Day one of the Toronto International Film Festival. New this year: badges with bar codes. Now, when you enter a screening room, they zap you in the badge instead of making you sign in. There's also a lot of construction going on in the mall that envelops the main festival theater. This is my third year at TIFF, but things feel a little unfamiliar so far.
Not the case with the movies (or the ancient-popcorn smell that fills the theaters...rank, yet comforting somehow). I've already seen some really great ones. Been up since 4am California time (is there any other time, really?) and I'm up at the same time tomorrow, so I'll keep this post pretty brief.
The day began as more of my days should: with a satisfying jolt of Spanish horror.
You can check out any time you like, but you can never leave ... amigo.
The Orphanage -- directed by Juan Antonio Bayona, produced by Guillermo Del Toro (Pan's Labyrinth), and reminiscent of Alejandro Amenabar's The Others -- traces the spooky shit that happens when Laura (Belen Rueda) brings her family (stuffy-cute doctor husband, precocious-cute 7-year-old son) to live in a giant seaside house that was once the orphanage where she lived as a girl. I don't wanna spoil this atomospheric, mostly successful (if occasionally too-familiar) supernatural thriller, other than to say there are some jolly shocks, and one particularly excellent homage to Poltergeist. (Note: it does not involve a clown doll, thank gawd.)
Damn it feels good to be a gangsta.
Next, I detoured a bit into Hollywood with The Brave One. I needed to see it because it's opening in SF next week. But I'm also hooked on vigilante movies. (Seriously, if you haven't seen Death Wish III ... why you lagging?) Horrible things happen to Jodie Foster (don't they always, in her movies?) and she turns into New York City's very own one-woman Crimestoppers. The line "Bitch, is you crazy?" is uttered. Terrence Howard pops up as a way more helpful cop than Aisha Tyler was in Death Sentence (now playing...kind of the same movie, except not as good, and way less artlful, and starring Kevin Bacon).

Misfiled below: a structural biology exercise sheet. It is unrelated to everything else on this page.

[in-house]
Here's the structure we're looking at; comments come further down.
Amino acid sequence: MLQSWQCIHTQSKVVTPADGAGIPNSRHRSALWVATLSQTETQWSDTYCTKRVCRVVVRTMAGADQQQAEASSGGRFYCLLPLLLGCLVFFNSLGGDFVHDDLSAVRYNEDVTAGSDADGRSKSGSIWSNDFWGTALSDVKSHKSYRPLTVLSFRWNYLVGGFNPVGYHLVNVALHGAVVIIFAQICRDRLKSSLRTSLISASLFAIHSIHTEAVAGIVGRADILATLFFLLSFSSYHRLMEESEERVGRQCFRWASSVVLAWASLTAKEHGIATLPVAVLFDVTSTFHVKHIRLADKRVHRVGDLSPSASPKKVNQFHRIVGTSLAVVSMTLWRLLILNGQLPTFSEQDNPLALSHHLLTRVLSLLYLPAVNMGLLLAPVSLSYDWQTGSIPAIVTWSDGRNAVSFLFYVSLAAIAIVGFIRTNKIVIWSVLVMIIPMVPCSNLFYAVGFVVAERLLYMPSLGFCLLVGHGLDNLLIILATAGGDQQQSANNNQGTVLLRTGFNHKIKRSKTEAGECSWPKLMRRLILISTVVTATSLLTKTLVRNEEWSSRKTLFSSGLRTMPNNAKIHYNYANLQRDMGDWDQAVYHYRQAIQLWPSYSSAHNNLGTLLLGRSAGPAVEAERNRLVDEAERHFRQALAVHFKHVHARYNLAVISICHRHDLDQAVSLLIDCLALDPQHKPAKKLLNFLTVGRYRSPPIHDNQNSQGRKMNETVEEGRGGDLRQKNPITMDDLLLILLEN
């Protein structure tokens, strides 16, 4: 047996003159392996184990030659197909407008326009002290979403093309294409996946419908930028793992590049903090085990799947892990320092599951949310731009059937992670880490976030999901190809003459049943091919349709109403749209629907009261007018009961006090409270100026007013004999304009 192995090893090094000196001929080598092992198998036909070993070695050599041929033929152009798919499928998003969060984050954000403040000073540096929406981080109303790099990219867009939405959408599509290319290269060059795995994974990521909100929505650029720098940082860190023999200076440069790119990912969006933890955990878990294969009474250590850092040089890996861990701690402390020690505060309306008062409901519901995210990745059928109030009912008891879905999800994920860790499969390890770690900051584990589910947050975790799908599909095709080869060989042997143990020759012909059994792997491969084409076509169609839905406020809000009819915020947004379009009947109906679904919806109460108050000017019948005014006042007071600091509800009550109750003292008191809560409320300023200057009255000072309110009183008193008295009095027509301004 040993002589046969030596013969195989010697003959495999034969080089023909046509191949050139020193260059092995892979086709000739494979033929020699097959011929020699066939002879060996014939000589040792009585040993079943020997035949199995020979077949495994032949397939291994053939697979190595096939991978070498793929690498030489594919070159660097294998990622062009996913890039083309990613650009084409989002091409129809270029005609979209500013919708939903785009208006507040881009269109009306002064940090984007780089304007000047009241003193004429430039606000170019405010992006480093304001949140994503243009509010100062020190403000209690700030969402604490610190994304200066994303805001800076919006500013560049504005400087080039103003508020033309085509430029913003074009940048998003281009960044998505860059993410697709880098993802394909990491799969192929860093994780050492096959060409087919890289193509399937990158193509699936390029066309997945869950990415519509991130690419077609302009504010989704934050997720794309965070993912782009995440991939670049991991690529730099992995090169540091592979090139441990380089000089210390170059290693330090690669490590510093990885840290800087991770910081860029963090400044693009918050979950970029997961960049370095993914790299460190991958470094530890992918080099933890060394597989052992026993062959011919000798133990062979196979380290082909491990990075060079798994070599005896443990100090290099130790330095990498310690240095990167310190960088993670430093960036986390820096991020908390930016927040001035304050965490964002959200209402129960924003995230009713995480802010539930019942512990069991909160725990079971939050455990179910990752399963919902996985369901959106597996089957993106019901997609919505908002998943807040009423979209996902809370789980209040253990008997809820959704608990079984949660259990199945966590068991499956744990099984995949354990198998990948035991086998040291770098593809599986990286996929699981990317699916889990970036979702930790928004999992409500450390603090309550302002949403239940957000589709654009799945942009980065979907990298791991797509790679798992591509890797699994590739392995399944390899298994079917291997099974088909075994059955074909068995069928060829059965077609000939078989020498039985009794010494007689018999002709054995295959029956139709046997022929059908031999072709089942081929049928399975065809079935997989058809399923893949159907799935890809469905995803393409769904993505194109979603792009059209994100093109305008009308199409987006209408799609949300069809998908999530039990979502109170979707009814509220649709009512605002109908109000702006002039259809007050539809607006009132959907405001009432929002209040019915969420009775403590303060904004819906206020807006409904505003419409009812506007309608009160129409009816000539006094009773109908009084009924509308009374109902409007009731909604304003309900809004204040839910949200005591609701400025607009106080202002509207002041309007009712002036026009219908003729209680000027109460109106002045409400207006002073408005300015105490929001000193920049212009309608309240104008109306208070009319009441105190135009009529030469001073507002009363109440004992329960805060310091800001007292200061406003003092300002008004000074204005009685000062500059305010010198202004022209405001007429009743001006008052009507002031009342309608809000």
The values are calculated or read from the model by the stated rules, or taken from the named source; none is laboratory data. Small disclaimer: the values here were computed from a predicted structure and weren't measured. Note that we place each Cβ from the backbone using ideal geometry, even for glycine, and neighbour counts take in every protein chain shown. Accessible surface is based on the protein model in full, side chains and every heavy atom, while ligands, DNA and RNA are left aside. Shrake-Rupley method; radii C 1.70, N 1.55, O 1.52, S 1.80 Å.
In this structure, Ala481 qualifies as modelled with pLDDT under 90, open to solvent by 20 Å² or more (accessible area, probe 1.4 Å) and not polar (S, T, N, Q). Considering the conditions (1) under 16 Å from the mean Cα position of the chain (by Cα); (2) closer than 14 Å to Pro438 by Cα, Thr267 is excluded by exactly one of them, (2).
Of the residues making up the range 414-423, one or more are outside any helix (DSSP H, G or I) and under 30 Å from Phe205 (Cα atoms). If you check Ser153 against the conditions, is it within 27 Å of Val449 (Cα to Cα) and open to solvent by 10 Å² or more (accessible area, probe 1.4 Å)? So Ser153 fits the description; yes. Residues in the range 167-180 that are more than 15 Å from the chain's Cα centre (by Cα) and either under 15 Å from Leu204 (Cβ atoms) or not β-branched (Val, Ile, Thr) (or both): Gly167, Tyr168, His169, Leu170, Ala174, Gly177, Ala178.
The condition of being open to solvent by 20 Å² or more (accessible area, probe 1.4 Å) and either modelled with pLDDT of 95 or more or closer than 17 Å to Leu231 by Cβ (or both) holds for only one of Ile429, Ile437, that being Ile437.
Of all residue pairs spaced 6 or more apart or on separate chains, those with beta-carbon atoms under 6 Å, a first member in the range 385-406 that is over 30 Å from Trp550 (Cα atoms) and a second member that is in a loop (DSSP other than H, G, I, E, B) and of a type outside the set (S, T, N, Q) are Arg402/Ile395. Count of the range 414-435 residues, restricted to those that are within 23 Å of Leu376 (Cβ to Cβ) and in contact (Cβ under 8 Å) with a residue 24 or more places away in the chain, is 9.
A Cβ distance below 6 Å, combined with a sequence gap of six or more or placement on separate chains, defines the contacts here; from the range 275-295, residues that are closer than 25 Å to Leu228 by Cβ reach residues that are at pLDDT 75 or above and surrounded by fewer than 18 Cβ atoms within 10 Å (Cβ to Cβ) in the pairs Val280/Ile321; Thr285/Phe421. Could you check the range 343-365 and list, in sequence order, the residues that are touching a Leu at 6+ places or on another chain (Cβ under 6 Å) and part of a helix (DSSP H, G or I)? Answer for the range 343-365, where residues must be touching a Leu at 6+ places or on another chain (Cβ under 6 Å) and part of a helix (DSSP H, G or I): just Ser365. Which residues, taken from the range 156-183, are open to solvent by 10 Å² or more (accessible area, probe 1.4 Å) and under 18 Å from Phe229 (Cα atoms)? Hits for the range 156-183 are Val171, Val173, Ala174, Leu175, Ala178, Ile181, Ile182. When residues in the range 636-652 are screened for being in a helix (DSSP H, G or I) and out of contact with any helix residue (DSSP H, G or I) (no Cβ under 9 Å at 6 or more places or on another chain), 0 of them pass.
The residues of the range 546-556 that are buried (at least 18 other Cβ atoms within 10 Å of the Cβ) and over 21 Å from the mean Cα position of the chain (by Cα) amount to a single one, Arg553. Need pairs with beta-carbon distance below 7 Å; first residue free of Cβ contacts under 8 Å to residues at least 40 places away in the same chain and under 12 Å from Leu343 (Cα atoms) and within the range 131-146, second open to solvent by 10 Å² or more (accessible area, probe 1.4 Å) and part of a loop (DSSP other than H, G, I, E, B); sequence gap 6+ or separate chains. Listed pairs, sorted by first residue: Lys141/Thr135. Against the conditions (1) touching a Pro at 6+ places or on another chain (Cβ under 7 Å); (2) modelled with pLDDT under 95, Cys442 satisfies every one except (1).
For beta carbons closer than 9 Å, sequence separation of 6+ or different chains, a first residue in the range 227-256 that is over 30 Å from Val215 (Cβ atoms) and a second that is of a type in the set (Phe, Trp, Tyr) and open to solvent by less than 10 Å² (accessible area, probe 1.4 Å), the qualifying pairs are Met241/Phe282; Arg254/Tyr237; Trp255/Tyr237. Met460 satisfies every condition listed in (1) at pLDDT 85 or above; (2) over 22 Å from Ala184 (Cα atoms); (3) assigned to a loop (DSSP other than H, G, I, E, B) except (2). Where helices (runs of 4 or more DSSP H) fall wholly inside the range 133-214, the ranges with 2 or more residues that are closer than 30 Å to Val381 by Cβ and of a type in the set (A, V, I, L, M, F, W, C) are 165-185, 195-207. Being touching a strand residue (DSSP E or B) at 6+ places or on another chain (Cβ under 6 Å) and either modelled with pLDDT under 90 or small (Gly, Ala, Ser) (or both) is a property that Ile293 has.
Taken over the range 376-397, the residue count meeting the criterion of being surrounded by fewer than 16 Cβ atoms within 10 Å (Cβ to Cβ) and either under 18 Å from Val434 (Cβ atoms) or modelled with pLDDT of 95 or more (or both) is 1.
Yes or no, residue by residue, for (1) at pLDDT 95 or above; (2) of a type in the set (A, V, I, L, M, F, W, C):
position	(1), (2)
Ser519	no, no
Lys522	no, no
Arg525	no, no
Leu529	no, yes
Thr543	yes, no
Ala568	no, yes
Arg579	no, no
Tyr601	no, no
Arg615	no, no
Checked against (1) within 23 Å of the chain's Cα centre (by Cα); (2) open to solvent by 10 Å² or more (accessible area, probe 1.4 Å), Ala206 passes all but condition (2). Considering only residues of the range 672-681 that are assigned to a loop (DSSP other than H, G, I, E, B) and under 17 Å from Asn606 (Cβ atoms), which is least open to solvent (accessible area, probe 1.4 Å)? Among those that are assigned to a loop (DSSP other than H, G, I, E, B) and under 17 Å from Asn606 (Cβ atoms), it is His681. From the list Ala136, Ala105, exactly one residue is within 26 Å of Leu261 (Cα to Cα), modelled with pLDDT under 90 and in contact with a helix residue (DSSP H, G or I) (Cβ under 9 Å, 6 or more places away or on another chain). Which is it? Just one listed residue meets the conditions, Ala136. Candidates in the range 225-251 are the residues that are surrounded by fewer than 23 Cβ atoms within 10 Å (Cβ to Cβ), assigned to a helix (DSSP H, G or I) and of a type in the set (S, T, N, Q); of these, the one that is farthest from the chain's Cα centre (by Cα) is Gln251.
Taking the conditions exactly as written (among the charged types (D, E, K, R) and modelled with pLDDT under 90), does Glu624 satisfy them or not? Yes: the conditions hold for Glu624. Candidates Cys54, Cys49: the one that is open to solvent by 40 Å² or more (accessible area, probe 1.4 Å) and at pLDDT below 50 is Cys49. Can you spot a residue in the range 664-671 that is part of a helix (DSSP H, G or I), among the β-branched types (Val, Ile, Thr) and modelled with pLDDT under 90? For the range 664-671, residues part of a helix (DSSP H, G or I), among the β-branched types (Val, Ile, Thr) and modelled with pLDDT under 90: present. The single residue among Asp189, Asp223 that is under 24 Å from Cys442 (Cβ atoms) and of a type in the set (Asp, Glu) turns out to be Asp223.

Sam Riley as Ian Curtis.
Later, I answered my own rhetorical question of last week, which was, "If a film festival shows two Joy Division movies, which should you see? The narrative or the documentary?" Of course the obvious thing to do is see both. Control is based on a book by Ian Curtis' widow (portrayed by Samantha Morton here). It's black-and-white, directed by first-time helmer Anton Corbijn, and as stripped-down as a biopic can be while still conveying all the right emotions. Star Sam Riley does much of his own singing. Oddly, he played Mark E. Smith in 24 Hour Party People -- watch for the Fall joke in Control. Tres meta, y'all. TIFF's Joy Division doc screens Saturday (imaginatively, it's called Joy Division). So I'm not out of Manchester-y depression mode yet.
He's a little bit Country, and a little bit rock n' roll. And, like, totally deadly.
The last movie of the day already has a place on my best of 2007 list. But come on, like you aren't gonna go crazy for the Coen Brothers? No Country for Old Men is a new West western set in 1980, based on Cormac McCarthy, and starring a trio of men whose guns fire more bullets then their mouths do words: Tommy Lee Jones, Josh Brolin, and Javier Bardem. Brilliant movie, beautifully shot, and as bloody-poetic as it gets.
Man, I am sleepy out here. Tomorrow, a doc about Iraq's only heavy metal band, and Dario Argento's new film -- early buzz says it's his best in 20 years.
Oh, and maybe some of this action ... gotta love Toronto street dogs.